Knowledge, attitudes, and practices of South African anaesthesiology registrars towards perioperative point-of-care viscoelastic testing

Anaesthetists regularly encounter coagulopathic patients in a perioperative setting and are expected to make decisions on whether to administer a blood product or not to the patient. point-of-care (POC) viscoelastic testing (VET) has become an increasingly important modality in a perioperative setting for the management of clinically coagulopathic patients by elucidating the nature of coagulopathy and directing the administration of blood products. 

Evaluating the efficacy of propofol in attenuating the cardiorespiratory response to extubation: single-blinded randomised placebo-controlled trial

Tracheal extubation represents a critical point at the end of general anaesthesia (GA). The process is associated with transient physiological changes that trigger a range of cardiovascular and respiratory responses. While the physiological changes are well tolerated by most patients, they can be harmful. Adverse cardiovascular outcomes include cardiac arrhythmias, tachycardia, hypertensive as well as hypotensive periods, myocardial ischaemia, and a prolonged increase in myocardial oxygen consumption. Adverse respiratory sequelae include coughing, bucking, laryngospasm, bronchospasm, apnoea, and desaturation. Avoiding adverse cardiorespiratory responses at extubation is a key concern for anaesthetists. Furthermore, procedures involving microsurgery require a smooth emergence without coughing or straining. Antitussive strategies at extubation have become particularly relevant in the era of the Severe Acute Respiratory Syndrome Coronavirus 2 (SARS-CoV-2) due to its aerosol generation and the associated risk to healthcare professionals.

The utilisation of the post-anaesthesia high-care unit at Tygerberg Hospital: a retrospective audit

The post-anaesthesia high-care unit (PAHCU) is a high-care unit linked to a theatre complex and is equipped to provide level 1 and 2 care, ideally for less than 24 hours. Care is provided by trained nursing staff and anaesthesiologists, with preferably a  nurse-to-patient ratio. This care can include continuous cardiac and haemodynamic monitoring, non-invasive ventilation, inotropic or vasopressor support as needed, and optimising postoperative analgesia with intravenous opioids, analgesic infusions and epidural catheters. Additionally, this unit aids the implementation of enhanced recovery programmes.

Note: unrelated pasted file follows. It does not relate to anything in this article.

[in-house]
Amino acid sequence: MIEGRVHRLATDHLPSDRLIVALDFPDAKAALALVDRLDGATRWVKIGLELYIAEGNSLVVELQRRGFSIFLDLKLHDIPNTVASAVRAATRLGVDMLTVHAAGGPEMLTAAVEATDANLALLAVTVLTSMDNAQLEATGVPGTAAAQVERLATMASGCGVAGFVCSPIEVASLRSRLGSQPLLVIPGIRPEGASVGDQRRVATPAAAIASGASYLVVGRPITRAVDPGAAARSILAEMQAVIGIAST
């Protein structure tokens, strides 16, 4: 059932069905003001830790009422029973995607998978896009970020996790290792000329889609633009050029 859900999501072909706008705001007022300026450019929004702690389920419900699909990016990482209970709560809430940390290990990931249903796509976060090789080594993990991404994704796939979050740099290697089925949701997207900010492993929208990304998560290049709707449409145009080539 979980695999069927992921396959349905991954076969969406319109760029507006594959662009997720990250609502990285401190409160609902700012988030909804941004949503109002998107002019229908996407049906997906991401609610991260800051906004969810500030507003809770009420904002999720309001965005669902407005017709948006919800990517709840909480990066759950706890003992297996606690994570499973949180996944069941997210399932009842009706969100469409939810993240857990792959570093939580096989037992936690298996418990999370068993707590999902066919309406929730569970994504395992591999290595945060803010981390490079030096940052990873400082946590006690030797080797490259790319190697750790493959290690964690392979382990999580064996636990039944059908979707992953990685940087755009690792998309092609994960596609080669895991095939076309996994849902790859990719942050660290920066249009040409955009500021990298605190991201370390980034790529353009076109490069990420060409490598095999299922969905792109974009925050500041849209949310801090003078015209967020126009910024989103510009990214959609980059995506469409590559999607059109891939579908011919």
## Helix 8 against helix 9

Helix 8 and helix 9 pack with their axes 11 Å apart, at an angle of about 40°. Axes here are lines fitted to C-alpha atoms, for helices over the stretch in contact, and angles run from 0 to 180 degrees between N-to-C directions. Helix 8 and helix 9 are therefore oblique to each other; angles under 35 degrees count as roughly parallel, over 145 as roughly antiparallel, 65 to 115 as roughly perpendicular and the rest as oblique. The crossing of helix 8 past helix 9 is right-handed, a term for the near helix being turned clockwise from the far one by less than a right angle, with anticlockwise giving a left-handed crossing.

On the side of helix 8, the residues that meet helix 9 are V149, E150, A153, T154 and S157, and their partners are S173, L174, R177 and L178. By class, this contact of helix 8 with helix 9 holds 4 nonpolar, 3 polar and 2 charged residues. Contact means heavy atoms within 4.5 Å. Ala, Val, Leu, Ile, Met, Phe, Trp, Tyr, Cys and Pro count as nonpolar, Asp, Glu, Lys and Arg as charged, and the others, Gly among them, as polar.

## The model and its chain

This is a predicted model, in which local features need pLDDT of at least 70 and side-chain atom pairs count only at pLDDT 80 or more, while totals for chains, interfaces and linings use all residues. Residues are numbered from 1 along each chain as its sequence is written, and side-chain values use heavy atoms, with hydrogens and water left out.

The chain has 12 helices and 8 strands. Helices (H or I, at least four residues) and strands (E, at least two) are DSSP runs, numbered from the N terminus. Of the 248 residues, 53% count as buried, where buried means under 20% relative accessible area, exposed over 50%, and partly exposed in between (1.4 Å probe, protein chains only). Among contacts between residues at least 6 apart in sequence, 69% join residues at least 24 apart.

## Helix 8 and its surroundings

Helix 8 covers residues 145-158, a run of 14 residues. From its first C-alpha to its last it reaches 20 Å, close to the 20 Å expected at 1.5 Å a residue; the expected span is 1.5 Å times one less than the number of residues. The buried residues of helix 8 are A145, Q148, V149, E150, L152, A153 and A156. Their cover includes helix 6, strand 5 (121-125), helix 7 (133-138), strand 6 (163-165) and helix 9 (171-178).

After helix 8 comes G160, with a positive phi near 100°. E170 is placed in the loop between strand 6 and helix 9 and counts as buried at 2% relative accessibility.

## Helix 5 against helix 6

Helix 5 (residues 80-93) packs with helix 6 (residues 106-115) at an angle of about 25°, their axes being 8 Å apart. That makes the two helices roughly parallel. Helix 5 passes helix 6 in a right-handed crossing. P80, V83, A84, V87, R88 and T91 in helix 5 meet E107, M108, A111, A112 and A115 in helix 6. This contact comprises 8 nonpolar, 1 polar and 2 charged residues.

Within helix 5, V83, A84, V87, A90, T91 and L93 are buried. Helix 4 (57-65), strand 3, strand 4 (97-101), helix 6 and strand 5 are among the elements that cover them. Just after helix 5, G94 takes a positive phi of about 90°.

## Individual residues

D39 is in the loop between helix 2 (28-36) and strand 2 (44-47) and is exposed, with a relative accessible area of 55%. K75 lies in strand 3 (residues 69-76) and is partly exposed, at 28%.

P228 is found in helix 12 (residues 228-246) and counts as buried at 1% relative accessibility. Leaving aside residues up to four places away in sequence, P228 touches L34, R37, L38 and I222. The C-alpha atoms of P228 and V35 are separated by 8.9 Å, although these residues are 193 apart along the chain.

Psychological impact of the COVID-19 pandemic on anaesthetists in an academic institution in South Africa

The coronavirus disease of 2019 (COVID-19) has brought about many challenges internationally with far-reaching economic and health consequences. There is a high probability of mental and behavioural disorders as a result of pandemics. Data recorded from earlier pandemics dating back to the era of the Spanish flu, and more recently the severe acute respiratory syndrome (SARS) pandemic, provides invaluable insight into potential psychological consequences and the impact on healthcare workers (HCWs). The psychological impact reported by staff during a recent epidemic included exhaustion, sleeping difficulties, change in appetite, and irritability during the outbreak.

Infection control and prevention in anaesthesia – safe injection and medicine administration practices

In South Africa, approximately one in seven patients entering hospitals is at high risk of significant morbidity and mortality due to a hospital-acquired infection (HAI). Importantly, appropriate anaesthesia practices can decrease the incidence of HAIs. To improve safe practice and lower the risk of anaesthesia-associated HAI, the South African Society of Anaesthesiologists (SASA) have, in 2021, published guidelines for infection control and prevention in anaesthesia.

Management of hypotension with vasopressors during caesarean section under spinal anaesthesi

The National Institute for Health and Care Excellence (NICE), in 2021, issued an international consensus statement on the management of hypotension with vasopressors during caesarean section under spinal anaesthesia. Clinically significant hypotension, defined as systolic blood pressure of 90–100 mmHg or a relative 20% fall from baseline, is common in the setting of spinal anaesthesia for caesarean section, with an incidence as high as 70–80% in the absence of pharmacological prophylaxis. The NICE guidelines recommend that an intravenous infusion of phenylephrine be started immediately after spinal injection. For prophylaxis, the rate of phenylephrine infusion should be adjusted to keep maternal blood pressure at ≥ 90% of baseline value and to avoid decreases to < 80% of baseline. In circumstances where the heart rate is low and blood pressure is < 90% of baseline value, guidelines recommend giving intravenous ephedrine boluses to manage the hypotension.

Cholstyq – simpler, safer reversal of neuromuscular block

Post-operative residual neuromuscular block (PRNB) following the administration of neuromuscular blocking agents (NMBAs) remains a common problem with general anaesthesia. Associated with an increased risk of post-operative pneumonia, coma and mortality, PRNB is a preventable complication; incidence can be reduced by 20%–40% through the routine use of broad-spectrum anticholinesterase reversal agents, most commonly neostigmine, in all patients who receive intraoperative non-depolarising neuromuscular muscle relaxants. Anticholinergic medicines such as glycopyrronium bromide or atropine are co-administered to compensate for the cholinergic action of neostigmine.

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Southern African Journal of Anaesthesia and Analgesia - May/June 2023 Vol 29 No 3